5 Reasons You Might Make a Good Rehabber

I’m assuming if you’re reading this article, you are a house flipper or at least have an interest in becoming one. When it comes to flipping houses, many start out wholesaling, as it’s the easiest barrier to entry. The idea is to get a deal under contract and assign that contract to a cash investor for a fee, thus never having to actually do repairs.

True wholesaling (in my opinion) is never touching the house in terms of doing improvements. Once you make improvements, cosmetic or otherwise, you have now entered the realm of rehabbing or what I like to call, fix and flip.

When I started out in real estate over 10 years ago, I wholesaled junkers in Detroit. This was a good fit for me because I was a hustler and had no interest in renovating. Most months I would wholesale 3-5 deals earning on average $5,000 to $8,000 per deal. I did that for 2 years before ever touching a rehab.

So, why transition from wholesaling to rehabbing and is it the right move for you? Here are 5 reasons why you might make a good rehabber.

#1: You Want to Make More Money Per Deal:

The reason I started rehabbing and why most wholesalers eventually do the same is to make more money. Instead of quickly flipping the deal for $5,000, why not keep it, fix it up and sell it to a retail buyer and make $25,000 (or more). It does require more patience, risk, and time, not to mention capital, but if you get good at it, the payoff is worth it.

#2: You Can Handle Roller Coaster Income:

$ When rehabbing, you can go long periods of time without any income. It requires proper cash flow forecasting to be successful. I remember one time, I went 6 months with no money coming in and then I had 4 closings pop at once and was suddenly flush on a ton of cash. The stress of not having steady income is actually the number #1 reason why most people would not make good rehabbers, especially if they’re coming from the 9-5 paycheck world.

I am frequently asked, “Should I quit my job and become a full time rehabber?” (Ironically, most who ask this question haven’t even done their first deal yet). I bluntly respond: “No, especially if you don’t have another source of income.”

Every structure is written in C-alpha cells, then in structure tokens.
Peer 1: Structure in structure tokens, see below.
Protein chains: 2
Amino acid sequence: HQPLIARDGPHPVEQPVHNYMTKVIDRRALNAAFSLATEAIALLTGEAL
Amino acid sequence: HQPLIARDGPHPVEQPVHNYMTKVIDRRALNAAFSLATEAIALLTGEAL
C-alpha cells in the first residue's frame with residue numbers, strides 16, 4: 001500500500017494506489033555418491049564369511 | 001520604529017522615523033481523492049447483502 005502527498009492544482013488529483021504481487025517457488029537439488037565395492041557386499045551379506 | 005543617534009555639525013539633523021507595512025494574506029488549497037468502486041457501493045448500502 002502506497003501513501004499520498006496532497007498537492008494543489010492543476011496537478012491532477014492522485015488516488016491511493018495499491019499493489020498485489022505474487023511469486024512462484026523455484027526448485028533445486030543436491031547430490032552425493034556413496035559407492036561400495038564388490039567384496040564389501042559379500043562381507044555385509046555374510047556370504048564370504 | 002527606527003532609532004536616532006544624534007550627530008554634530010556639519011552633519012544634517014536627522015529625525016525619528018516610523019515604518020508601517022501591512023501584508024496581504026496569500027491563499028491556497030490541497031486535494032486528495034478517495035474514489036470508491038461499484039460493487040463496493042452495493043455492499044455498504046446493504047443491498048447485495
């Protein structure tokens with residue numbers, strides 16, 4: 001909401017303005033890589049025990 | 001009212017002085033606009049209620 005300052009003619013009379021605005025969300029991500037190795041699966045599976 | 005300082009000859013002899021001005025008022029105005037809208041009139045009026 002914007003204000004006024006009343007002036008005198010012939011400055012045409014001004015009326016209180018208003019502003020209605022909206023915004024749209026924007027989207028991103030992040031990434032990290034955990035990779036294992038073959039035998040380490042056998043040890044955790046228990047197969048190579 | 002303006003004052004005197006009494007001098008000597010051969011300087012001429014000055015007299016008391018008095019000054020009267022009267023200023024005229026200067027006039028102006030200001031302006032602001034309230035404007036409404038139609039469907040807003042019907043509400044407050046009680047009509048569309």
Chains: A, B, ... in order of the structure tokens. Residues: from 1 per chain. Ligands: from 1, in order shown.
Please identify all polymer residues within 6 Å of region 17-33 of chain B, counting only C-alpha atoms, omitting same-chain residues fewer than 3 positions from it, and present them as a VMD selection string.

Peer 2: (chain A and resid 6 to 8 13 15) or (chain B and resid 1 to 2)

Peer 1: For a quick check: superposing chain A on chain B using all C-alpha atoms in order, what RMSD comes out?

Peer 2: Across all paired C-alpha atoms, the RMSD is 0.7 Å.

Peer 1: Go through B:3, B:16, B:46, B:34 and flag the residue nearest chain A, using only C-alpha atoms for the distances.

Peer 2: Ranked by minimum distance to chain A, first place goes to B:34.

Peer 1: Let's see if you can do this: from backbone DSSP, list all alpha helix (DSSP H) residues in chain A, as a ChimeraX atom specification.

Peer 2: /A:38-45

When rehabbing was my only source of income, I made it a goal to a). Live below my means and b). Have a 1-year reserve of cash to cover my living expenses.

#3: Managing Contractors Doesn’t Scare You:

Rehabbing houses is probably most comparable to running a daycare. It requires constant babysitting of your contractors. If you can stomach dealing with excuses on a daily basis and you’re not afraid to hold contractors accountable, then you might make a good rehabber.

You must be willing to fire a contractor on the spot for non-performance or under-performance. I try to be fair yet tough and sometimes offer a bonus to complete work early and also have a penalty for not completing work on time.

Check out this Quick Tip on How to Keep a Contractor on Schedule and on Budget...

#4: You Can Raise Capital:

Let’s face it, without capital, there is no rehabbing going on. You must be vigilant about raising more and cheaper capital to fund your deals. If you don’t become proficient at talking to banks, hard-money lenders and private investors and good at convincing them that they should lend you money, you’re dead in the water.

I see a lot of investors who just don’t understand this. It requires learning the lending jargon, what they want to see and presenting deals that meet their criteria. For 10 years straight now, I have been building relationships and raising capital as a primary focus to grow my real estate business.

The quickest way to get started is to find a capital partner. I actually partner and provide capital for my coaching students (leave a message in the comments below, if you’d like to know more).

#5: You’re Able to Adapt Quickly to Change:

There is nothing wrong with just being a wholesaler but it’s difficult to progress as an investor. Growth only happens when you push out of your comfort zone. If you resist change and are reluctant to adapt with the market or try new things, rehabbing might not be a good fit for you.

As I mentioned I started out wholesaling junkers in Detroit and slowly progressed to rehabbing junkers, then rehabbing 1st time buyer homes ($150,000 sale price), then higher end homes and now building multi-million dollar spec homes.

Leave a comment and let me know if your goal is to become a rehabber.

Until Next time, Happy Investing,

Jerry Norton

Click here to get a FREE copy of Jerry’s best selling eBook, “How to Make a Million Dollars a Year Flipping Houses.”